- Powered industrial trucks, general industry (29 CFR 1910.178)
- Ladders, construction (29 CFR 1926.1053)
- Electrical systems design, general requirements, general industry (29 CFR 1910.303)
- Machine guarding (machines, general requirements, general industry) (29 CFR 1910.212) [WCx]
OSHA is Making a Difference
In four decades, OSHA and our state partners, coupled with the efforts of employers, safety and health professionals, unions and advocates, have had a dramatic effect on workplace safety.
- Worker deaths in America are down — from about 38 worker deaths a day in 1970 to 13 a day in 2010
- Worker injuries and illnesses are down — from 10.9 incidents per 100 workers in 1972 to fewer than 4 per 100 in 2010.
The “Fatal Four” injuries within the realm of construction can be hard to avoid. Falls and electrocutions can happen. But being struck by objects and being caught in/between things can be lessened with proper training and overall increased alertness within your workforce on the job site. All injuries cannot be prevented, but these stats can be an eye-opener for any employer that does construction-type work.
The mere fact that on any given day, 13 workers leave the house for work and never come home due to a fatality incident is a scary statistic. Fatality claims are an adjuster’s worst nightmare. There are a ton of issues, and none of them are pleasant. Every worker out there doesn’t think it will happen to them, but it happens 13 times every day.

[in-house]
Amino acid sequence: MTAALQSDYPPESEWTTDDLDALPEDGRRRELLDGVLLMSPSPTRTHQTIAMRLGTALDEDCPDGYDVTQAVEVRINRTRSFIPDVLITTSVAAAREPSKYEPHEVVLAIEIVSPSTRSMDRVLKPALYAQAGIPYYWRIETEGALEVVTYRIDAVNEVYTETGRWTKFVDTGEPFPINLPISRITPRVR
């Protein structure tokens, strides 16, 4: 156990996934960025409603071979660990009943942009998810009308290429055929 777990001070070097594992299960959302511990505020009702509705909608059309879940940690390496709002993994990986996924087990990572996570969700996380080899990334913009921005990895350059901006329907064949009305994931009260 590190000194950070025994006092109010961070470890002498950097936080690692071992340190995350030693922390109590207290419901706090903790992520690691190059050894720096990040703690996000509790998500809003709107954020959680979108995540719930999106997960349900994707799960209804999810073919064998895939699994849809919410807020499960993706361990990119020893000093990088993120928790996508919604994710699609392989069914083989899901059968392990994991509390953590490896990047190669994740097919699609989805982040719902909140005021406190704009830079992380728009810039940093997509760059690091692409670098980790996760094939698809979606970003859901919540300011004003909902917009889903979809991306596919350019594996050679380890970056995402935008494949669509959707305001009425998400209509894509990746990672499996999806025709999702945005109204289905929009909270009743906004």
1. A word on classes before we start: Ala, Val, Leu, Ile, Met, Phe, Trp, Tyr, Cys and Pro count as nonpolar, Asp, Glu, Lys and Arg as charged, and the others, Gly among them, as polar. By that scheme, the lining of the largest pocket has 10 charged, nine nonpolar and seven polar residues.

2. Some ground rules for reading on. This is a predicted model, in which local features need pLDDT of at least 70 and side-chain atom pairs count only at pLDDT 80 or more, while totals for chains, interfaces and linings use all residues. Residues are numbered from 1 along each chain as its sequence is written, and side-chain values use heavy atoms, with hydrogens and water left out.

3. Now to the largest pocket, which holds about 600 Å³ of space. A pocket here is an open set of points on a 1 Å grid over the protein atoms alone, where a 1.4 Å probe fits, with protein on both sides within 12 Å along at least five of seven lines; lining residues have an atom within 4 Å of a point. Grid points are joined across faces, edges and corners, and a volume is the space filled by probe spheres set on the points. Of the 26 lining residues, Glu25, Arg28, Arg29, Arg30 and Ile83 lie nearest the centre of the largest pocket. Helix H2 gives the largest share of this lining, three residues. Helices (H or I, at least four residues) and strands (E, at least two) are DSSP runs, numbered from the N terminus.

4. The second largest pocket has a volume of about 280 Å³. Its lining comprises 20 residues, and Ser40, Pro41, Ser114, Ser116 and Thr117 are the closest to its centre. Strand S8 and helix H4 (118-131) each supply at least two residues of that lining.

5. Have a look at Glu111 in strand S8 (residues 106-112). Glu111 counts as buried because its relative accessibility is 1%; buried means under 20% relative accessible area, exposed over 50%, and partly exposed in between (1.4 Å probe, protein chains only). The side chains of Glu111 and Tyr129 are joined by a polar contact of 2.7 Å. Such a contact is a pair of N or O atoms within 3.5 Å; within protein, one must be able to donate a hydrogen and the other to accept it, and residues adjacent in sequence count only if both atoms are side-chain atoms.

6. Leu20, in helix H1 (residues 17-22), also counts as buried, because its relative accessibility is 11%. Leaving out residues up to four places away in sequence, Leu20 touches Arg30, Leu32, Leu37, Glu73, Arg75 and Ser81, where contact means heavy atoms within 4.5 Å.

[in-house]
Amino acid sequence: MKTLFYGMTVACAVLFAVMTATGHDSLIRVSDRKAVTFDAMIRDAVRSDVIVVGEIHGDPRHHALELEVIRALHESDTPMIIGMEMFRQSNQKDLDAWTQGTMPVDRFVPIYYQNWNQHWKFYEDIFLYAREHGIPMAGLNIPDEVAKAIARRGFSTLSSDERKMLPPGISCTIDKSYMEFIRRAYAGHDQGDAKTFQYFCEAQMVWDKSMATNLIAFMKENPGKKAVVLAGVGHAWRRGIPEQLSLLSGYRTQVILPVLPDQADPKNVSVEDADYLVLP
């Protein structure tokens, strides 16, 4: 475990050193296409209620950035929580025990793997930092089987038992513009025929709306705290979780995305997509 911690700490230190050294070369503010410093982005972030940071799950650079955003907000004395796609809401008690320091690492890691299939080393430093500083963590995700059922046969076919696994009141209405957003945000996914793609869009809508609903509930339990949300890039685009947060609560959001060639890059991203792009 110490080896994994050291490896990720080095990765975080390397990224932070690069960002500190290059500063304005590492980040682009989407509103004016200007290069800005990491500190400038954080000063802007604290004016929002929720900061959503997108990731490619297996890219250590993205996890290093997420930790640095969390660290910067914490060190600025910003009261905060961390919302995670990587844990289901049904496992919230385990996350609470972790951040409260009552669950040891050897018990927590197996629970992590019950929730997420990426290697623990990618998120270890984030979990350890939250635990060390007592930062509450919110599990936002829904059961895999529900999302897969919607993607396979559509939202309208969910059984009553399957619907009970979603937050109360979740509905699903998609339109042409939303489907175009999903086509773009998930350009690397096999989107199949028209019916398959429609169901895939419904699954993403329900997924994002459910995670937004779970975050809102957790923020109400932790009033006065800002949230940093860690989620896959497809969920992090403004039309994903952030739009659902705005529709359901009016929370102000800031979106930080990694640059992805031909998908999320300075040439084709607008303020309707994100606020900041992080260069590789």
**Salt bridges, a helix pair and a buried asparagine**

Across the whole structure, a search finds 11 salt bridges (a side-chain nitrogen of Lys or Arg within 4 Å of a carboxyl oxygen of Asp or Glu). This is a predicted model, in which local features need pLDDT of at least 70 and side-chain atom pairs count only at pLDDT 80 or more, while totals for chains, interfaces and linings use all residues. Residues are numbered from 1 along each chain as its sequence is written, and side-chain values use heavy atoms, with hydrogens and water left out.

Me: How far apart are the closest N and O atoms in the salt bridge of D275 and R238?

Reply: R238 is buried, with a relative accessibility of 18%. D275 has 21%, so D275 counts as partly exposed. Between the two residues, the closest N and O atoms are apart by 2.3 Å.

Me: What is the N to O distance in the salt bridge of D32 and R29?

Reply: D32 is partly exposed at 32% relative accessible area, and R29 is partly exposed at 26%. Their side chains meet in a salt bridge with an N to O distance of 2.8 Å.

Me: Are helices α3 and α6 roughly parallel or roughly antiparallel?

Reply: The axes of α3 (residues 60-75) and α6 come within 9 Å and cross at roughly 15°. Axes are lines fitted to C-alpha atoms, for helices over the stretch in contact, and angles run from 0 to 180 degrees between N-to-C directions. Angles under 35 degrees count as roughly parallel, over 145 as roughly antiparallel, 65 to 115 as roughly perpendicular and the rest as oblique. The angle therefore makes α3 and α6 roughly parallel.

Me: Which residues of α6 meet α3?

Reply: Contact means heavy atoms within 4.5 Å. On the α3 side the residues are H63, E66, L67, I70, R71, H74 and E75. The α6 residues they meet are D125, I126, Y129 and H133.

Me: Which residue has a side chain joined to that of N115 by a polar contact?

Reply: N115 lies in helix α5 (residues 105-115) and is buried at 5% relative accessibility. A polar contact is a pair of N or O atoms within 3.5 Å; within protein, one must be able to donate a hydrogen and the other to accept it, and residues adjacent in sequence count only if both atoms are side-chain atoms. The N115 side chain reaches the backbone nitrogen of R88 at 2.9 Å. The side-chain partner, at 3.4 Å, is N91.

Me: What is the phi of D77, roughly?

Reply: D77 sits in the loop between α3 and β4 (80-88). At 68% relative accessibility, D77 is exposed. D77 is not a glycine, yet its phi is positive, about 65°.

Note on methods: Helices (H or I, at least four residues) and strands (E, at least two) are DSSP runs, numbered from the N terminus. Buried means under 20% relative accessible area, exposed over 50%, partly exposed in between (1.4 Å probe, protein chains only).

Safety is a team effort, and every employee has to do their part. Share these points with your staff at your next meeting, and be proactive in ways to lessen the risk on the job site. By implementing more safety awareness, you could very well be saving the life of one of your employees.
Author Rebecca Shafer, JD, President of Amaxx Risk Solutions, Inc. is a national expert in the field of workers compensation. She is a writer, speaker, and publisher. Her expertise is working with employers to reduce workers compensation costs, and her clients include airlines, healthcare, printing/publishing, pharmaceuticals, retail, hospitality, and manufacturing. She is the author of the #1 selling book on cost containment, Workers Compensation Management Program: Reduce Costs 20% to 50%. Contact: RShafer@ReduceYourWorkersComp.com.
Editor Michael B. Stack, CPA, Director of Operations, Amaxx Risk Solutions, Inc. is an expert in employer communication systems and part of the Amaxx team helping companies reduce their workers compensation costs by 20% to 50%. He is a writer, speaker, and website publisher. www.reduceyourworkerscomp.com. Contact: firstname.lastname@example.org.
WORKERS COMP MANAGEMENT MANUAL: www.WCManual.com
Do not use this information without independent verification. All state laws vary. You should consult with your insurance broker or agent about workers comp issues.
©2012 Amaxx Risk Solutions, Inc. All rights reserved under International Copyright Law. If you would like permission to reprint this material, contact us at: Info@ReduceYourWorkersComp.com.